Within the past year, natural disasters like the Colorado wildfires, the tornadoes in Oklahoma, and Hurricane Sandy have made huge headlines. Although you probably try to keep your children away from the news when events like these happen, they are bound to hear about it and start to worry. Taking steps to prepare kids for natural disasters can help reduce their anxiety when severe weather occurs in your area.
Depending on your child's age, he might know that hurricanes and tornadoes can cause serious damage and hurt people, but he may not understand what actually happens during these events or what causes them. Don't worry -- you don't have to sit him down for a two-hour meteorology lesson. But parents should start by teaching kids about two types of disasters that could affect the home: an evacuation emergency, such as a fire, and a shelter-in-place emergency, such as a tornado, says Paul Purcell, author of Disaster Prep 101. The fire emergency is a smart starting point for the discussion because both natural disasters and non-weather-related issues can cause fire. Choose the other emergency by determining which is likely to occur in your area. Once you feel your child is ready, you can teach him about other natural disasters.
If you're unsure about how to explain disasters, the Federal Emergency Management Agency (FEMA) has a parent- and kid-friendly site with information on each disaster's cause. Reading books such as I'll Know What to Do: A Kid's Guide to Natural Disasters and I Wonder Why Volcanoes Blow Their Tops: and Other Questions About Natural Disasters may also be helpful.
It's natural for kids to be fearful of these events. Obviously, you should try to reassure your child, but don't say there's no reason to be afraid or that the disaster won't happen in your area. This can sound dismissive of your child's feelings, and it's not good to make promises about situations you can't control. Instead, let her know it's okay to be scared; then be honest about the situation."Even for kids as young as age 5, you could say, 'Sometimes these things do happen. It's very rare, but not impossible. Here's what we will do to get through it,'" says Kate Roberts, Ph.D., a clinical psychologist specializing in school psychology.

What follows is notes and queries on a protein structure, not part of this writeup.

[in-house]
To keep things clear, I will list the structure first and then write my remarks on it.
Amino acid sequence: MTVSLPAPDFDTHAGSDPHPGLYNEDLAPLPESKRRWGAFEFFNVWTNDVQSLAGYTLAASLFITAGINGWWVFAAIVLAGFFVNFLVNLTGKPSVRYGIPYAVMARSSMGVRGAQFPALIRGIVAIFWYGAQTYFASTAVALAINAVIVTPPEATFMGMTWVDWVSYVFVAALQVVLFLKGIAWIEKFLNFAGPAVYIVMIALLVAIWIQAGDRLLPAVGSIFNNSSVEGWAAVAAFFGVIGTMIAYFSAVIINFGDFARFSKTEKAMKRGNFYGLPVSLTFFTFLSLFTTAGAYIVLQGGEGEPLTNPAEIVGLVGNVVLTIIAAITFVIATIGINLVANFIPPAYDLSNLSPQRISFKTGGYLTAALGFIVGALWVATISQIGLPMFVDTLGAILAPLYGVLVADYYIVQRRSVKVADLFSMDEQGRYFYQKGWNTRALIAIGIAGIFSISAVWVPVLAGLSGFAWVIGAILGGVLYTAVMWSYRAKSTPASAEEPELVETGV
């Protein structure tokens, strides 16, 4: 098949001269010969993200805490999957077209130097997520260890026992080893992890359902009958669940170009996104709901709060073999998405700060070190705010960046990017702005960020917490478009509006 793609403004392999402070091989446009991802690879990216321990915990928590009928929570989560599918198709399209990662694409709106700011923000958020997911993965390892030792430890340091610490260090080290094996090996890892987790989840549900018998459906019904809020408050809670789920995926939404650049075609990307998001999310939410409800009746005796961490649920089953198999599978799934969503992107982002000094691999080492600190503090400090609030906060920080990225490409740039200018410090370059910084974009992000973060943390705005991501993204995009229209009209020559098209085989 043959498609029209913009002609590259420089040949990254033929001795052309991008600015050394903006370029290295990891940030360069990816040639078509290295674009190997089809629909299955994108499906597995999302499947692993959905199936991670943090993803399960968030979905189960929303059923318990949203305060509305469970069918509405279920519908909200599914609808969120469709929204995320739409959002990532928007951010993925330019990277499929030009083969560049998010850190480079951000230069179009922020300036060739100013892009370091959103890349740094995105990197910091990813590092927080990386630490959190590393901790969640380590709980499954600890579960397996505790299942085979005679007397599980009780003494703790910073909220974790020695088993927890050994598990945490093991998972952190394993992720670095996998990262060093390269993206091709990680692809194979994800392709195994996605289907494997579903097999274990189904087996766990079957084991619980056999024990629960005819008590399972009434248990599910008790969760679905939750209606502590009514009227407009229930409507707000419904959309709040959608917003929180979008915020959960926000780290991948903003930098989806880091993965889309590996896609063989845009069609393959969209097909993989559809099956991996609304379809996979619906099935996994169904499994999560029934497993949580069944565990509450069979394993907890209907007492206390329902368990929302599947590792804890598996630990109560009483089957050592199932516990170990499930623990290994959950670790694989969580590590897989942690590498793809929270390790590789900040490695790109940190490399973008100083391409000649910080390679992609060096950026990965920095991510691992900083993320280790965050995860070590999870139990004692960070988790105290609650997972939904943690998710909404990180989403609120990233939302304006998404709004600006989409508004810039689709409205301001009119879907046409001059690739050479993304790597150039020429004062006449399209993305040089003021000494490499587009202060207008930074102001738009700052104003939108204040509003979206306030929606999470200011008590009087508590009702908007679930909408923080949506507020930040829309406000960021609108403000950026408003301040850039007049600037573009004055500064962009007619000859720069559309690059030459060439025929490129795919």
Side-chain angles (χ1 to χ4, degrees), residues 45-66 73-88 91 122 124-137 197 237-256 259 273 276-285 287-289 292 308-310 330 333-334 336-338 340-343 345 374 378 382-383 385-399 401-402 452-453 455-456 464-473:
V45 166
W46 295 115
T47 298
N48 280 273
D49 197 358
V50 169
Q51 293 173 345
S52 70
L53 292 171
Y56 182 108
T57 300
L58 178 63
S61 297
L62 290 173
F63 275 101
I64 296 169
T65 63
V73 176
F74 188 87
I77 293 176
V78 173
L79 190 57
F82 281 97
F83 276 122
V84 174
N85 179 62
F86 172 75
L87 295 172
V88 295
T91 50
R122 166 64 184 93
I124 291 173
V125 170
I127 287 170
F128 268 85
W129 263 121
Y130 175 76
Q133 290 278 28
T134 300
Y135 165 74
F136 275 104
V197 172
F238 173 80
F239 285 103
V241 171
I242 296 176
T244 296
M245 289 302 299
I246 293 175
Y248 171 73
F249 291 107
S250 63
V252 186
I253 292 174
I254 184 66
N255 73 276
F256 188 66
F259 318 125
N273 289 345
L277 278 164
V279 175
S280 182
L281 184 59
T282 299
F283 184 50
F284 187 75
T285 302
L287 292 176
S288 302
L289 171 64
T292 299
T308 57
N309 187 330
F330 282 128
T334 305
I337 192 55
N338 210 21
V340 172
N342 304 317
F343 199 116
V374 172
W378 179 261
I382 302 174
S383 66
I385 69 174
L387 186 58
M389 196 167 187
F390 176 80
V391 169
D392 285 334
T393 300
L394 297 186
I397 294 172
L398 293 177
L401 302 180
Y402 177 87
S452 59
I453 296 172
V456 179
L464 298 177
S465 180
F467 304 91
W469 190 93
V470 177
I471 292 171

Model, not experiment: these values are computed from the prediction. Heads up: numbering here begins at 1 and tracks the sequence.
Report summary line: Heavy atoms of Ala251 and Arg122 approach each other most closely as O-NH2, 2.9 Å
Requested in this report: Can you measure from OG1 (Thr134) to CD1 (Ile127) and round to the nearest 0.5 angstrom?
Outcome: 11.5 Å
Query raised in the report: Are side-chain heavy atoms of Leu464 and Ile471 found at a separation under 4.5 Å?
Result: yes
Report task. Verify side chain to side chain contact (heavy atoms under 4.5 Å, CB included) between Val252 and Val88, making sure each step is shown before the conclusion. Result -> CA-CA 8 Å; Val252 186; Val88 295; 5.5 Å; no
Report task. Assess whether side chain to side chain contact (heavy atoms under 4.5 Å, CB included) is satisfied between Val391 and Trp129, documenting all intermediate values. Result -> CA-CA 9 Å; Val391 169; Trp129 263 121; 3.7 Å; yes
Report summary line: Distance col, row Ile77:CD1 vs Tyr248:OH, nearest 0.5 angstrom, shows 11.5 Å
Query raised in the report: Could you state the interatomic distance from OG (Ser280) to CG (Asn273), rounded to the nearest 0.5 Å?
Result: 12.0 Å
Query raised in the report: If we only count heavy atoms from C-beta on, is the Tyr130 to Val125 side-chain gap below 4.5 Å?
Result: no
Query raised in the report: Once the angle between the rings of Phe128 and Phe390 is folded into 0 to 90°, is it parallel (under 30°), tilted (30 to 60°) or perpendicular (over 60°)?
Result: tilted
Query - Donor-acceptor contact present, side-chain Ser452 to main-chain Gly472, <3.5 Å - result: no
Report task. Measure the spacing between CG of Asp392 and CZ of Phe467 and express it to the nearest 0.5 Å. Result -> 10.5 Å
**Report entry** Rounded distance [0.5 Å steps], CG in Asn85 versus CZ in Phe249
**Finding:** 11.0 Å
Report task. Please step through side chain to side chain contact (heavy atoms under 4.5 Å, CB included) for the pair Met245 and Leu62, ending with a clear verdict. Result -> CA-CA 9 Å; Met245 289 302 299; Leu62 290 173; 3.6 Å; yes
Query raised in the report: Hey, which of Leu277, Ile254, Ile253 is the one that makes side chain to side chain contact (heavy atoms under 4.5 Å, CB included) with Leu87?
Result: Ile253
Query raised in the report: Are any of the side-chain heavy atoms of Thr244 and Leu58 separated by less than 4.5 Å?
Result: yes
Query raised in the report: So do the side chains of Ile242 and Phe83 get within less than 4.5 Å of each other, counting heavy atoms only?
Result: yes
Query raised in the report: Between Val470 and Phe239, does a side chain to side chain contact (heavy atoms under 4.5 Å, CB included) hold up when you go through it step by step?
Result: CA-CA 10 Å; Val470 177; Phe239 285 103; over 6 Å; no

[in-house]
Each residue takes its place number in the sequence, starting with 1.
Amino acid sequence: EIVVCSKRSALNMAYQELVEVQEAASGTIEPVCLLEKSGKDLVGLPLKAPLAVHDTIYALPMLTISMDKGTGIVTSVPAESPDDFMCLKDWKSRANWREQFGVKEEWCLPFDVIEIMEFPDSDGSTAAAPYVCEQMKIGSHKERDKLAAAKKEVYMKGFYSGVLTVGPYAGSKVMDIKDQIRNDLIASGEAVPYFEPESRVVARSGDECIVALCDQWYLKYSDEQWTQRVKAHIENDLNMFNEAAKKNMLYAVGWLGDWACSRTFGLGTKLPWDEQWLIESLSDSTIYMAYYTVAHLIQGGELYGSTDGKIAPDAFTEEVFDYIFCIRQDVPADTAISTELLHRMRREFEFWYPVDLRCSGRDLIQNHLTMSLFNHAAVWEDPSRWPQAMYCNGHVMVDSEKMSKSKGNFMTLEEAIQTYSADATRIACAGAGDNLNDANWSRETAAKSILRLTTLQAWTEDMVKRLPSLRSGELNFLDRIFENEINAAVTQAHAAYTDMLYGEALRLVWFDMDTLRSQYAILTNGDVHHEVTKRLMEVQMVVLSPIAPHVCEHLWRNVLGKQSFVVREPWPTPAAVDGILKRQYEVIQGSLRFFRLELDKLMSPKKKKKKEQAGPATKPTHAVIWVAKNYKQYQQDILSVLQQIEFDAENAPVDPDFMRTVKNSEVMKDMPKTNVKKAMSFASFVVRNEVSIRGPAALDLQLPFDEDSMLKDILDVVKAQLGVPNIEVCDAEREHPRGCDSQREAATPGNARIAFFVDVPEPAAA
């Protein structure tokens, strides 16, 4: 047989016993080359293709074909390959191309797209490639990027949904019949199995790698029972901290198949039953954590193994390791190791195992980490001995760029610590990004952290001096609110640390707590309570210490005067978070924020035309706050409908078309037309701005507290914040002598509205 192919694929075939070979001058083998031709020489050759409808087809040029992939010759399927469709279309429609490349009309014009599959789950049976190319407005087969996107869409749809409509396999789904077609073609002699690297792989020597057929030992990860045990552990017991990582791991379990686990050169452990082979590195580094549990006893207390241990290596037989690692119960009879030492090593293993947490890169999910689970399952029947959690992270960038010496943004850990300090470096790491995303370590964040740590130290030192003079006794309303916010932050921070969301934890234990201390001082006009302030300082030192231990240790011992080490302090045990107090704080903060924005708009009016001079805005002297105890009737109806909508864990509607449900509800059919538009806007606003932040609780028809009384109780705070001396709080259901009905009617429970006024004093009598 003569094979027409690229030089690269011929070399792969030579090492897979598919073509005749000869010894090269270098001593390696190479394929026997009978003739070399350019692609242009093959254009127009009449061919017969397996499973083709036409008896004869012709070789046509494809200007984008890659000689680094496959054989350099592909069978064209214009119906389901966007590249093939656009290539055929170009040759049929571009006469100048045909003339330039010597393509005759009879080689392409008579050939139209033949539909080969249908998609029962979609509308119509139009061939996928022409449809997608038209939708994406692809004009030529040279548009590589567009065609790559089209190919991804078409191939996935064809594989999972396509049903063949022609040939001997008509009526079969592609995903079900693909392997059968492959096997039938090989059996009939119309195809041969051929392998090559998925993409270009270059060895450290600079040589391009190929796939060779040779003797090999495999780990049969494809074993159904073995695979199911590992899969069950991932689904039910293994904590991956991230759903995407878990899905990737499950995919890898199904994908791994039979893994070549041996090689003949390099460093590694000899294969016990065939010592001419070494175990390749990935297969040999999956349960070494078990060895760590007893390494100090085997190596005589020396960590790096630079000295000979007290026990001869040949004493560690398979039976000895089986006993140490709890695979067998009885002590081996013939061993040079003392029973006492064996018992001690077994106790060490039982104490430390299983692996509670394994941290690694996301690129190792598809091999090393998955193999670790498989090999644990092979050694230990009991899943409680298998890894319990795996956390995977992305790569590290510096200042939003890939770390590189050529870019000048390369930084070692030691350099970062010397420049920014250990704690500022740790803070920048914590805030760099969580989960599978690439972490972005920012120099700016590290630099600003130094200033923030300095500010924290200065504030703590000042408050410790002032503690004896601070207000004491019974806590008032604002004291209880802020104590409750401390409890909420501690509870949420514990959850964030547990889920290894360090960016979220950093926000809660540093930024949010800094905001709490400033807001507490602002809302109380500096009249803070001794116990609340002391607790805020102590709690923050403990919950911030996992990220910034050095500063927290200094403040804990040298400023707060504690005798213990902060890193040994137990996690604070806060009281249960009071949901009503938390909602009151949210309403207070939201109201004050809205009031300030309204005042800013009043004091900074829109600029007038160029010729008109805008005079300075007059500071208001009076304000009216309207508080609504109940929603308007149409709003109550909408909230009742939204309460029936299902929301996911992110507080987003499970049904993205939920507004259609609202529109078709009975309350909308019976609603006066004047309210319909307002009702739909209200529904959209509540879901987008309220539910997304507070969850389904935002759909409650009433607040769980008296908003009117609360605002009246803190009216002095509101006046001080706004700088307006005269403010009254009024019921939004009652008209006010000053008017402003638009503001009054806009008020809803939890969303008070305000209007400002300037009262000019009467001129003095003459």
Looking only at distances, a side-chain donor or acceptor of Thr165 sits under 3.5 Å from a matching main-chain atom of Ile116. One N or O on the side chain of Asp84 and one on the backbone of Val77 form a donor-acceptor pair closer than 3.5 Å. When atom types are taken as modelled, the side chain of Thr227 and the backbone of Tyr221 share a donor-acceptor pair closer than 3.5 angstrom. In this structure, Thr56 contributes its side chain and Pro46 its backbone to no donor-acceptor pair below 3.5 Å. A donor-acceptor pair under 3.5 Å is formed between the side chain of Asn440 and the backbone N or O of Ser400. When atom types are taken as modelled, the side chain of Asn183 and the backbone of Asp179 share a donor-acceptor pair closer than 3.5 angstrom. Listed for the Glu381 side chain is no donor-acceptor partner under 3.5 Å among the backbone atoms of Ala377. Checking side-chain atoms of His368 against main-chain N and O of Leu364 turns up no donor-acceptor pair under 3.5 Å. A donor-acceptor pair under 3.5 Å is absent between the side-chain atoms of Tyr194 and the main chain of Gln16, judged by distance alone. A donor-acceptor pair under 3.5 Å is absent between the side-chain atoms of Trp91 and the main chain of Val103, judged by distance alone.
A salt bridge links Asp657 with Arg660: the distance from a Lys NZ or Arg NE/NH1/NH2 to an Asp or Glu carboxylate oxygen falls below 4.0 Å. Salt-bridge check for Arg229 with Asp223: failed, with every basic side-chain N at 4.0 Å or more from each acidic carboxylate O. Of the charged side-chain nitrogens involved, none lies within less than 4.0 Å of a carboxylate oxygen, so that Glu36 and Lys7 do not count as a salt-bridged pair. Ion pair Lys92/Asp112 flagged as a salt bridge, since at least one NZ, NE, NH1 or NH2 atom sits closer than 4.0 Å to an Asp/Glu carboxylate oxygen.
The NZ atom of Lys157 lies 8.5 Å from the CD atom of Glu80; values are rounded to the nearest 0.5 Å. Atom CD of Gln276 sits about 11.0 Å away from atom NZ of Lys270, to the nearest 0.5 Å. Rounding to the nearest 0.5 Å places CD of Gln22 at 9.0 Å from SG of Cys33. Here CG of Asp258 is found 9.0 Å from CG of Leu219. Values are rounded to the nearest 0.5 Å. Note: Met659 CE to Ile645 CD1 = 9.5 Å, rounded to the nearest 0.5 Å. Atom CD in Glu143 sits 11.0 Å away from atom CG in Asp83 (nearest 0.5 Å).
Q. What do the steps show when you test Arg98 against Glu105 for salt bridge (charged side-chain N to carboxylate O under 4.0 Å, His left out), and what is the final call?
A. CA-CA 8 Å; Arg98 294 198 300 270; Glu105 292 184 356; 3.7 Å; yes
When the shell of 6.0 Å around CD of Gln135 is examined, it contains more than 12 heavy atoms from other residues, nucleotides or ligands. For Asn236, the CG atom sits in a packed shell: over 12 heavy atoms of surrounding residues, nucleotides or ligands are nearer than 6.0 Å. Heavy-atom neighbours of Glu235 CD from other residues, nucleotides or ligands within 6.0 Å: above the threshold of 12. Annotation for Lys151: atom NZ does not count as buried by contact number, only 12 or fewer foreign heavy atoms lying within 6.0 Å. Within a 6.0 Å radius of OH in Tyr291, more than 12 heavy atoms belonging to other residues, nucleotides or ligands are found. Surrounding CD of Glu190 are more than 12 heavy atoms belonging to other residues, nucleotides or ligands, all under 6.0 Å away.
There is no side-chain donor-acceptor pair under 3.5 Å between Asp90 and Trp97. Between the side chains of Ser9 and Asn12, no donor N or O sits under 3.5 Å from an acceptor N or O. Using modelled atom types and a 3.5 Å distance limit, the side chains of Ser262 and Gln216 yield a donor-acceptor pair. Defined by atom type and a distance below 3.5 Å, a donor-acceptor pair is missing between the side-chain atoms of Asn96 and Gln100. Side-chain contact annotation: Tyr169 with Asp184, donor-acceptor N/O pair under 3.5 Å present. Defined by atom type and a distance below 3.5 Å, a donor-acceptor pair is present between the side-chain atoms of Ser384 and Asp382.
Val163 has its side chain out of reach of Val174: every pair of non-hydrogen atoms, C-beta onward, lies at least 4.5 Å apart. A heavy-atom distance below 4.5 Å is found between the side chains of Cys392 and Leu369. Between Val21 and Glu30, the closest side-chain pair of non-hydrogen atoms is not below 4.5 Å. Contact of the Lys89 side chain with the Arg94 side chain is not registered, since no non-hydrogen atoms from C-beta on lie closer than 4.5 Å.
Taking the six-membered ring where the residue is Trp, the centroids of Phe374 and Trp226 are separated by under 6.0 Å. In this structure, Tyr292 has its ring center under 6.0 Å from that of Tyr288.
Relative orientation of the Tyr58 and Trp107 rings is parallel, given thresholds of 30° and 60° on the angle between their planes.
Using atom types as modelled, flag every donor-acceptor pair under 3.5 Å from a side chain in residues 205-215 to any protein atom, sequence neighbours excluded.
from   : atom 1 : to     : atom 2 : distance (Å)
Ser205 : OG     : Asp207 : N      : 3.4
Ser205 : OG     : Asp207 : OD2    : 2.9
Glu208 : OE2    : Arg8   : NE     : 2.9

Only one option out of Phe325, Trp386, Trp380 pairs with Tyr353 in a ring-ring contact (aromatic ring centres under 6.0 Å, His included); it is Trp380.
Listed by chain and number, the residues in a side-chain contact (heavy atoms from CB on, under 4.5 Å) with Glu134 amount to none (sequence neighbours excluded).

Gather your kids and, along with your partner, explain the importance of preparation. Talk about which disasters your family is most at risk for, how to prepare for each danger, and how to respond if it occurs. Then create an evacuation plan that includes two outside meeting places in case your family members are separated. One spot should be right outside your home, maybe near the mailbox. The other should be outside the neighborhood -- at the library, for instance, or in front of the police station -- in case you can't return home. You also need a shelter-in-place plan. Choose a room with the fewest windows and doors to designate as the safe room.
Another important part of disaster preparedness is communication. In an easily accessible place, keep a list of emergency services numbers and the cell phone, school, and work numbers for all household members. Try using FEMA's downloadable Family Emergency Plan as a guideline.
Other considerations during emergency planning can be the care of pets, how to turn off utilities, and the disaster plans of your child's school and your workplace.
No disaster plan is complete without supplies. Allow your child to help you gather the gear; this will reassure him that you really are prepared, and he will feel good about doing his part to protect the family.
Your kit should include: nonperishable foods, water, a battery-powered radio, flashlights, extra batteries, a manual can opener, cash, copies of personal identification, matches, a cell phone and charger, and an extra set of keys. Depending on your family's needs, you may also need diapers, formula, prescription medications, and other essentials.
Purcell recommends adding your child's favorite snacks as well as a couple of coloring books or other small hobbies he enjoys. Making the day after the disaster as much like the day before the disaster helps kids have a sense of normalcy during a distressing time, Purcell says.
Just as your child practices fire drills at school, disaster drills at home are a good way to review what to do during a crisis. First, model the drill for your children and then have them participate. Depending on which drill you're practicing, you want to teach your kids how to warn others of the danger, how to escape from the home, where to meet after escaping, where to "shelter" inside the home, how to contact emergency personnel, and what steps to take after the incident. Practice drills regularly and as your kids get the hang of them, pick up speed to simulate the sense of urgency during a true emergency.
Whether there's a hurricane warning for your city or a different part of the world just experienced a tsunami, be aware of what your child sees on TV or in other media."Much of media coverage is visual, and these images are for adult brains and very difficult to get out of a child's mind," Dr. Roberts says. Plus, when kids see multiple reports of the same event, they may think it's happening repeatedly. If your child sees or hears coverage that causes her to worry, answer any questions and remind her that if it ever happens in your area, you have a plan in place.